Napoleon Imperator

Comments on the Napoleonean (auto-) iconography in the mirror of the Ancient World

Eberhard Birk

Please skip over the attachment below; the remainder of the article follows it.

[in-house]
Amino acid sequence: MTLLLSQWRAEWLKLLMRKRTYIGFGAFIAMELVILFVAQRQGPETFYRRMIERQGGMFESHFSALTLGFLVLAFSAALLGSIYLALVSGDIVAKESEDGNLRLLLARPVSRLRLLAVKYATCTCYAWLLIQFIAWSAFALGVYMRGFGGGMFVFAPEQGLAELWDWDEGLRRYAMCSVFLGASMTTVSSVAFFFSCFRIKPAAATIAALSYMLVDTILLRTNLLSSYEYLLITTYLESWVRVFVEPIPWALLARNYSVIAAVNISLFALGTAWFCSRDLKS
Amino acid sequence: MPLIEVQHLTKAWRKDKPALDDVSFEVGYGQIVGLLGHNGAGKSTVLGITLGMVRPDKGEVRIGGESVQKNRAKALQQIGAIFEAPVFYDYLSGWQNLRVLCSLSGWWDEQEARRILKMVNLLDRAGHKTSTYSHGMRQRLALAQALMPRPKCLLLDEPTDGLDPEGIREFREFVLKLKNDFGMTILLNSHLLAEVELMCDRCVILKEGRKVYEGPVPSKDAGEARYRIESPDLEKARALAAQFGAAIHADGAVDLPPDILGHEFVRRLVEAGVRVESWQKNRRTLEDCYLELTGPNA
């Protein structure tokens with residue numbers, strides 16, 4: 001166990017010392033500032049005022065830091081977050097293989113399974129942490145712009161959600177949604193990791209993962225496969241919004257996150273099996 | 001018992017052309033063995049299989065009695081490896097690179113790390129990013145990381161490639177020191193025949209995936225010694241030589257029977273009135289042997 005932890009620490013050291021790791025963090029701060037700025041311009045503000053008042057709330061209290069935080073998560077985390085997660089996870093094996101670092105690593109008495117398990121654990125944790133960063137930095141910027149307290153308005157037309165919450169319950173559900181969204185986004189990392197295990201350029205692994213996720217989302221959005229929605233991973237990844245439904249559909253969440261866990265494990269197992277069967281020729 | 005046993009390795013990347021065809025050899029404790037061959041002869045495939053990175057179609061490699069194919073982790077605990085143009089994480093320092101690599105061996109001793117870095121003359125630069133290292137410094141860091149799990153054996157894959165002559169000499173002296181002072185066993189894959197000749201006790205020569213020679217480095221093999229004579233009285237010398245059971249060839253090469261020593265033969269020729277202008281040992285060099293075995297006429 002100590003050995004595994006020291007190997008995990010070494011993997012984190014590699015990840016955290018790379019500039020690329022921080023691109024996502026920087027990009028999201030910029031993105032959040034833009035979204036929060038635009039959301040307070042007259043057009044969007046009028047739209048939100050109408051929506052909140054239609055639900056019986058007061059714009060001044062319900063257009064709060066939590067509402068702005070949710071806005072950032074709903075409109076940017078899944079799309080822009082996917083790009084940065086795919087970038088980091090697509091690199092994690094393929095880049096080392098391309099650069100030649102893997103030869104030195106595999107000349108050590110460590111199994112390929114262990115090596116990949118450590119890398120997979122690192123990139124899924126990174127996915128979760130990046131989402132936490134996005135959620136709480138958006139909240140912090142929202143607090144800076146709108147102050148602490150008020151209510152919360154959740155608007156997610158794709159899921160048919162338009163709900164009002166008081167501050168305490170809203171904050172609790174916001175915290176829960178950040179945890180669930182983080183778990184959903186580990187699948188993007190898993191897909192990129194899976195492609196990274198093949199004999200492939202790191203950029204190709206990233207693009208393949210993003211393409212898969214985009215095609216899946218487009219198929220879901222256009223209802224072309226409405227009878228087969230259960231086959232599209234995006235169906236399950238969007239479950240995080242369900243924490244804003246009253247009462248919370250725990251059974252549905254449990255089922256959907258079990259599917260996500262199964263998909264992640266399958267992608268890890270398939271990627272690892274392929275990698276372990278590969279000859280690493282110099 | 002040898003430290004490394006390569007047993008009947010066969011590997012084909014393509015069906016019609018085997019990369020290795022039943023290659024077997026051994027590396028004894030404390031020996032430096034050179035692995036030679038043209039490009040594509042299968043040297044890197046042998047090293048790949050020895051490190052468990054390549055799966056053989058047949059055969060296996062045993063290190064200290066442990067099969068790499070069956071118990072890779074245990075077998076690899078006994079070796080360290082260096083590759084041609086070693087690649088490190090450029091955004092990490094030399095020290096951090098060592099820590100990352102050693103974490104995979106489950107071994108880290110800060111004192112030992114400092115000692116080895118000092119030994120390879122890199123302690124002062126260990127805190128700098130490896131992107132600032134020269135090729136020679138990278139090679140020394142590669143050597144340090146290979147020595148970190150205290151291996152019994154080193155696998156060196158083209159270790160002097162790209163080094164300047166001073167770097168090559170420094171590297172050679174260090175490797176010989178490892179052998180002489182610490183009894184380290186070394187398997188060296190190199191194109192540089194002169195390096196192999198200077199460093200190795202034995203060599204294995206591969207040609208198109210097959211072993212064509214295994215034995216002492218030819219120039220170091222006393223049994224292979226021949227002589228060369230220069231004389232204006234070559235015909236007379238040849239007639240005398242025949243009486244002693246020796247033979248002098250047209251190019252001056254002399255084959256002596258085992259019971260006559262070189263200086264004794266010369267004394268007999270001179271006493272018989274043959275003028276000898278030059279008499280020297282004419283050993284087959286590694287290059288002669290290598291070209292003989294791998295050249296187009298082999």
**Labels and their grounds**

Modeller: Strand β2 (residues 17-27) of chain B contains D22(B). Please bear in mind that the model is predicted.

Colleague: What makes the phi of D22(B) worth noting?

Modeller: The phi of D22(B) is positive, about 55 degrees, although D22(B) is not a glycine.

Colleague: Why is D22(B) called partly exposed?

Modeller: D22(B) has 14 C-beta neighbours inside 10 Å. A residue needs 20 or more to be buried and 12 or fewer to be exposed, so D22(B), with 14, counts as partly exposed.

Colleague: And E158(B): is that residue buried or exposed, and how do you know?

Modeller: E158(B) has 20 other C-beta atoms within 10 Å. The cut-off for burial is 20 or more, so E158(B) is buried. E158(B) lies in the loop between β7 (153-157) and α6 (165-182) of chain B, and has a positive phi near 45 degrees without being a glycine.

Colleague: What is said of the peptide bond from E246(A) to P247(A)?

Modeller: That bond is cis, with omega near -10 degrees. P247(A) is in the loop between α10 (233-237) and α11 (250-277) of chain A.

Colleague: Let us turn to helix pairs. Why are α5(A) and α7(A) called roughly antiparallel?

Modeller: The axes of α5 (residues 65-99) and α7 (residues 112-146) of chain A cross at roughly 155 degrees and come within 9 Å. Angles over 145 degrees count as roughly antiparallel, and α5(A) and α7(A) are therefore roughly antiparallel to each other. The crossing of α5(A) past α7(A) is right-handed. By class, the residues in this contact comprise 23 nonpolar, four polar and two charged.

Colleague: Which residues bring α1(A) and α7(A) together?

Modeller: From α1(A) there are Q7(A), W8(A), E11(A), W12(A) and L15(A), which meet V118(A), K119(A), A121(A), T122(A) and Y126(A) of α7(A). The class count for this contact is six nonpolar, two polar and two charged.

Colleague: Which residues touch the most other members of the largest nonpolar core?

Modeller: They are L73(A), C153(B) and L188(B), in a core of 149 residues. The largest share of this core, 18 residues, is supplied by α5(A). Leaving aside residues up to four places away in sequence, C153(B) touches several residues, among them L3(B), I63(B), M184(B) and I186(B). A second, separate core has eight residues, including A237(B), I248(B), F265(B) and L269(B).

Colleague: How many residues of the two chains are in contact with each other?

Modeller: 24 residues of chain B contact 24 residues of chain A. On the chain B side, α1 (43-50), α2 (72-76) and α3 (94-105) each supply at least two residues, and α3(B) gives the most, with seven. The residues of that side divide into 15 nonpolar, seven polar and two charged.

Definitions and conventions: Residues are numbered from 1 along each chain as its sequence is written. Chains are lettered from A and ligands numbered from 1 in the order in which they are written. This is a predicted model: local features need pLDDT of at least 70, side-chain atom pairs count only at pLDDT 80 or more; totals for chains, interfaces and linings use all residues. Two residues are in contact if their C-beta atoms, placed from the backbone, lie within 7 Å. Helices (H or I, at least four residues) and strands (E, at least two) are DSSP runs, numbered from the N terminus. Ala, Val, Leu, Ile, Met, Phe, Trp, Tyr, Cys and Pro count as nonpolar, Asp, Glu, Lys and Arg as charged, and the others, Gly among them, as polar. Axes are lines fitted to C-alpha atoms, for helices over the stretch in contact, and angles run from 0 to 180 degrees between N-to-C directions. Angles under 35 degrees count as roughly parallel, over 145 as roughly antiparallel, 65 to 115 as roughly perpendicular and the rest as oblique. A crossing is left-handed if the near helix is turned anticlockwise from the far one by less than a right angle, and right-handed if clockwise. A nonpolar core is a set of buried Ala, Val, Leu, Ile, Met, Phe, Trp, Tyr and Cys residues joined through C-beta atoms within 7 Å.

As historical sources the following analyzing portrayals of Napoleon and his military, political and justice administering „genius“ as a multidimensional icon shall be interpreted, not so much with their art-historical relevance, but rather with their importance as a tool for a historical-political propaganda, which incidentally also corresponded with Napoleonean self-interpretation. This enterprise had such a long-term effect that the impression posterity formed of Napoleon mainly was based on it. Against a backdrop of creeping misconception of history despite booming historical journalism, today the necessity of a discursive historical-critical „deconstruction of the images“, which has always been demanded by specialist-interdisciplinary research designs, seems to have yielded to the necessity to call to mind again the objective of its construction. As a matter of course even Napoleon, with his authoritarian ruling methods and his charismatic self-image both in a negative sense - on the inside he was a dictator, „on the outside Napoleon is a terrorist from the school of 1793/94 - and in a positive sense was in need of the umbrella of camouflage and glorification put up by his propaganda.“ His image-programmatics can be understood as an individual pendant or as an individual-centred counter-design against the „storming“ of the Bastille on 14th July 1789, which has congealed into a collective symbol, and which can be interpreted as an „example of self-mystification of the French Revolution“. Napoleon was „a saveur of the French society on the inside and a conqueror of the world on the outside“ and at the same time as a charismatic monarch he was „the most instructive type of Caesarism“. In addition, he is considered the personified catalyst of modern age. Thomas Nipperdey’s postulate on German history - „In the beginning there was Napoleon“ - also applies to propaganda, which since Napoleon began its triumphant advance towards modern age both in quantity and in quality by iconographically heightening his military, political and executive successes. Against a backdrop of political and military revolution in an era of fundamental upheaval he was interested in establishing new social principles, together with creating traditional power structures, in his person. Thus, the alliance constellations enforced by Napoleon - especially the Rhein League as a military-strategic glacis and a reservoir of soldiers founded in 1806 - remind us of the even stabler Roman system of federal associates, as the move to Moscow in 1812 is comparable with the Roman penetration to the east under Trajan in 117, which gave the Roman Empire its greatest territorial expansion after arriving at Basra at the Persian Gulf, although - as with Napoleon - it was a temporary external bulwark of an imperial overstretch for a short time only. As the emperor of a strained „Roman“France he led his empire into fall within one decade. In summary it may be said that Napoleon tried to find a „classic“, timeless and everlasting solution to all military, political and religious challenges, using an ancient sign and form language. This endeavour asked for a synthesis summarizing Napoleon’s self-image and his conception of rule in one tableau.